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say the legislation could actually harm borrowers by driving some smaller student loan companies out of the business while forcing others to eliminate interest rate discounts and raise fees.

Kevin Bruns, executive director of America's Student Loan Providers, says in a statement that changes called for in both bills would "make college more expensive for millions of middle class families, creating more anxiety for those already struggling with skyrocketing college costs."

Others see more pluses for students than minuses. Mark Kantrowitz, who advises student borrowers through his Web site, says he expects to see some "token cuts" in the discounts lenders give to students, but no major changes.

Kantrowitz also doesn't see anything in the current legislation that would complicate the $25 billion sale of student loan giant

Sallie Mae

(SLM) - Get Report

to an investor group led by J.C. Flowers.

On the other hand, he says, key provisions could make life easier for college students and their parents. Both bills cap the repayment amount on federally backed student loans at 15% of the borrowers' discretionary income. Some loans would also be forgiven after 25 years.

Graduates who go on to work as teachers or in public-service jobs could receive additional financial assistance or breaks on their loans.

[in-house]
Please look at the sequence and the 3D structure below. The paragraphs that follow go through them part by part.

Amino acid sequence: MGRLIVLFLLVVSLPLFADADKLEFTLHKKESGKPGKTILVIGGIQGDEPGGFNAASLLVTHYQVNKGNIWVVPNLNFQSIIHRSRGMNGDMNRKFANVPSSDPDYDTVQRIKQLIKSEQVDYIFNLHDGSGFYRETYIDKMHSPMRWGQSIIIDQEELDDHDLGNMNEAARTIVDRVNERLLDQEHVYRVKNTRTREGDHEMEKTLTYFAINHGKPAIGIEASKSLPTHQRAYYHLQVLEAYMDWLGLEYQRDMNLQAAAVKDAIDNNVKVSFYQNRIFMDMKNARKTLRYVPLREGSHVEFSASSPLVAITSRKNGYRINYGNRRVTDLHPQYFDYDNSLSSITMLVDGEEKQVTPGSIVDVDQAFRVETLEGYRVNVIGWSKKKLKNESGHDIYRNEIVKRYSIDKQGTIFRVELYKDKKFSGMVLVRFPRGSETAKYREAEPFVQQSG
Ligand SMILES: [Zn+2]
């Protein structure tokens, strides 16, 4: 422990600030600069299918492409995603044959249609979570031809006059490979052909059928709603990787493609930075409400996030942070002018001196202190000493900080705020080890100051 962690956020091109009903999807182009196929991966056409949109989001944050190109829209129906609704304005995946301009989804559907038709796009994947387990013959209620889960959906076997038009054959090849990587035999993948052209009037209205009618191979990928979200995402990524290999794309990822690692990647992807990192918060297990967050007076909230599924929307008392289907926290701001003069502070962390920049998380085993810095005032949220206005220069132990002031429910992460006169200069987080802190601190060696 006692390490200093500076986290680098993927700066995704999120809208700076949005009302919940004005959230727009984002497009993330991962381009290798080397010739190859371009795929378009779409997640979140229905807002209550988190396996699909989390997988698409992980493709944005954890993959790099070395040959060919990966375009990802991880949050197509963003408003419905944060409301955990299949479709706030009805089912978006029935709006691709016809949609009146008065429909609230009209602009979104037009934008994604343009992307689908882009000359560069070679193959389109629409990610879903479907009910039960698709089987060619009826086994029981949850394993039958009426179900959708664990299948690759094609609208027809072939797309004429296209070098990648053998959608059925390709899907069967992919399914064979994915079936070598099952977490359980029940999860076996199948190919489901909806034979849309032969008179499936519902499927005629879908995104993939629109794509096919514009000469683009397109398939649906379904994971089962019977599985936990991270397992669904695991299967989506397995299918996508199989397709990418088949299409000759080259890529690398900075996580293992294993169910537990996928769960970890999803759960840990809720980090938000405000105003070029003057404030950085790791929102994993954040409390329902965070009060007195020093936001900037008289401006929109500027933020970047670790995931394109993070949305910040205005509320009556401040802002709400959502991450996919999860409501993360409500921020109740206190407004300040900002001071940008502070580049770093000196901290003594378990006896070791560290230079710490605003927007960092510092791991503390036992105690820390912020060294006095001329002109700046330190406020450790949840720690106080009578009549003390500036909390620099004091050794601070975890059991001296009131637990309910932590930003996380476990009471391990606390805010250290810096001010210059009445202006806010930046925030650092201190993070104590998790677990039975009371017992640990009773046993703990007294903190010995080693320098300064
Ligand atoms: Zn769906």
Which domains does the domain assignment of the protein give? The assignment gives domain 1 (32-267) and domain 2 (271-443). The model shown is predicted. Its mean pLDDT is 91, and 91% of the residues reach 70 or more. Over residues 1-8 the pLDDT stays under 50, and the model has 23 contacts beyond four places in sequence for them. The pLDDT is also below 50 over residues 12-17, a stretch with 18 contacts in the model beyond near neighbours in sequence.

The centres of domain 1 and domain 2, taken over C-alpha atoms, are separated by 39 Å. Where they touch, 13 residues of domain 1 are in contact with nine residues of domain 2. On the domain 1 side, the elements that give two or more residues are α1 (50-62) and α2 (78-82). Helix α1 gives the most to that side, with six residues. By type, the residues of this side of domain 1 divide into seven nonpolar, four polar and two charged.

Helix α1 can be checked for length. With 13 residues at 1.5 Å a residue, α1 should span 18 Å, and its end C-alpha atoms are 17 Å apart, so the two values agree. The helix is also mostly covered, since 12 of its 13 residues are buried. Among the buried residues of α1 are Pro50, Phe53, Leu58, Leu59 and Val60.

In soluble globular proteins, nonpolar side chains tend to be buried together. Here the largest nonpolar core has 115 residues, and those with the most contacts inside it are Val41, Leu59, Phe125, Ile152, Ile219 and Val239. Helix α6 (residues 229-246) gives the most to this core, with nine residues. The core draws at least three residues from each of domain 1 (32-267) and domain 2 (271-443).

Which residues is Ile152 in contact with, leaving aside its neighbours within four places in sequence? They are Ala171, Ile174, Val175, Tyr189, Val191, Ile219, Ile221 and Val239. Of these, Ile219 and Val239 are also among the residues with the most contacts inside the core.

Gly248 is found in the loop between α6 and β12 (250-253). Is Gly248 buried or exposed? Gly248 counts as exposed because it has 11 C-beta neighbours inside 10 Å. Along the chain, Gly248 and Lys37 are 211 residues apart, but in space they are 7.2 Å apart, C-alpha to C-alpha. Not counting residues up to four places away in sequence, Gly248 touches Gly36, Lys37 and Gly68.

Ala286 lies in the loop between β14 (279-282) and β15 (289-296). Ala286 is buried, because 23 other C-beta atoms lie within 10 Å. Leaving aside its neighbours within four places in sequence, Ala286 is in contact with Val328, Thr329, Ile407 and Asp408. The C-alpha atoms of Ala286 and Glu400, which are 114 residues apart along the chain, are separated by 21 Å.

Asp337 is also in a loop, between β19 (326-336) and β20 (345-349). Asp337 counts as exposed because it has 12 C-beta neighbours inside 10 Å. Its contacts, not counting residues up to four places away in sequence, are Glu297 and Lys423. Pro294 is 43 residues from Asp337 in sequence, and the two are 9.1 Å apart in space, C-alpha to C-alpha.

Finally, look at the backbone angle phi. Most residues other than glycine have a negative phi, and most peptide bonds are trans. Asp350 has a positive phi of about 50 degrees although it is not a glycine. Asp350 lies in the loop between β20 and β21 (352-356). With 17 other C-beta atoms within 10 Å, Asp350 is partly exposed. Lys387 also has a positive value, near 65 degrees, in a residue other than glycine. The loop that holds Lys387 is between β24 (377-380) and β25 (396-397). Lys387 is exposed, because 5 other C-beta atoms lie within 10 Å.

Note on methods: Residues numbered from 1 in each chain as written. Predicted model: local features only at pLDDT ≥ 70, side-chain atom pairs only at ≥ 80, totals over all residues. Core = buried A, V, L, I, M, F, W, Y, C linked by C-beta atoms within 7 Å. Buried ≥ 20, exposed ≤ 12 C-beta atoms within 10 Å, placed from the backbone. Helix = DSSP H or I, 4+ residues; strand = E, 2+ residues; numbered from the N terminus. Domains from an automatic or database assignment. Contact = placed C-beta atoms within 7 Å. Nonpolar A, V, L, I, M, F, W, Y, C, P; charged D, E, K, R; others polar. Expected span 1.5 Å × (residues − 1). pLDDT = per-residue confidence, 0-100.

Such changes would address some of the most significant criticisms of the student lending industry. According to the College Board, nearly two-thirds of students at four-year colleges and universities finance at least part of their education. The average graduating senior with loans owes more than $19,000. Some observers worry that these massive debt loads are preventing young adults from buying homes, saving for retirement or starting a family.

The legislation also diverts money currently given to lenders in the form of subsidies to student grants. The Senate plan pushes the maximum Pell Grant amount for low-income students to $5,400 per year by 2011. The maximum Pell Grant amount has been frozen at $4,050 since 2003, although it is slated to go up to $4,310 in the coming academic year.

The House proposal calls for a smaller (but still significant) Pell Grant increase while also slashing the interest rates on student loans in half to 3.4% from 6.8%. That would cut the total amount of interest paid on a 10-year loan with a $20,000 balance to around $3,620 from $7,619.

Both the House and the Senate are also calling on colleges and lenders to clean up their acts by eliminating the financial incentives some financial aid officers have to steer students toward certain lenders. The Senate plan would ban "gifts" from lenders to college employees and require disclosure when a faculty member is paid to sit on a loan company's advisory board or participate in a professional development program.

The full House and Senate should vote on the plans by the end of July. After that, they will go to a conference committee, where significant last-minute changes could arise. However,'s Kantrowitz says that given the mood in Washington, student lenders may choose to simply take their lumps and move on.

"You've had bad news coming out on a daily basis," he says. "What they would like to see is this entire situation resolved as quickly as possible."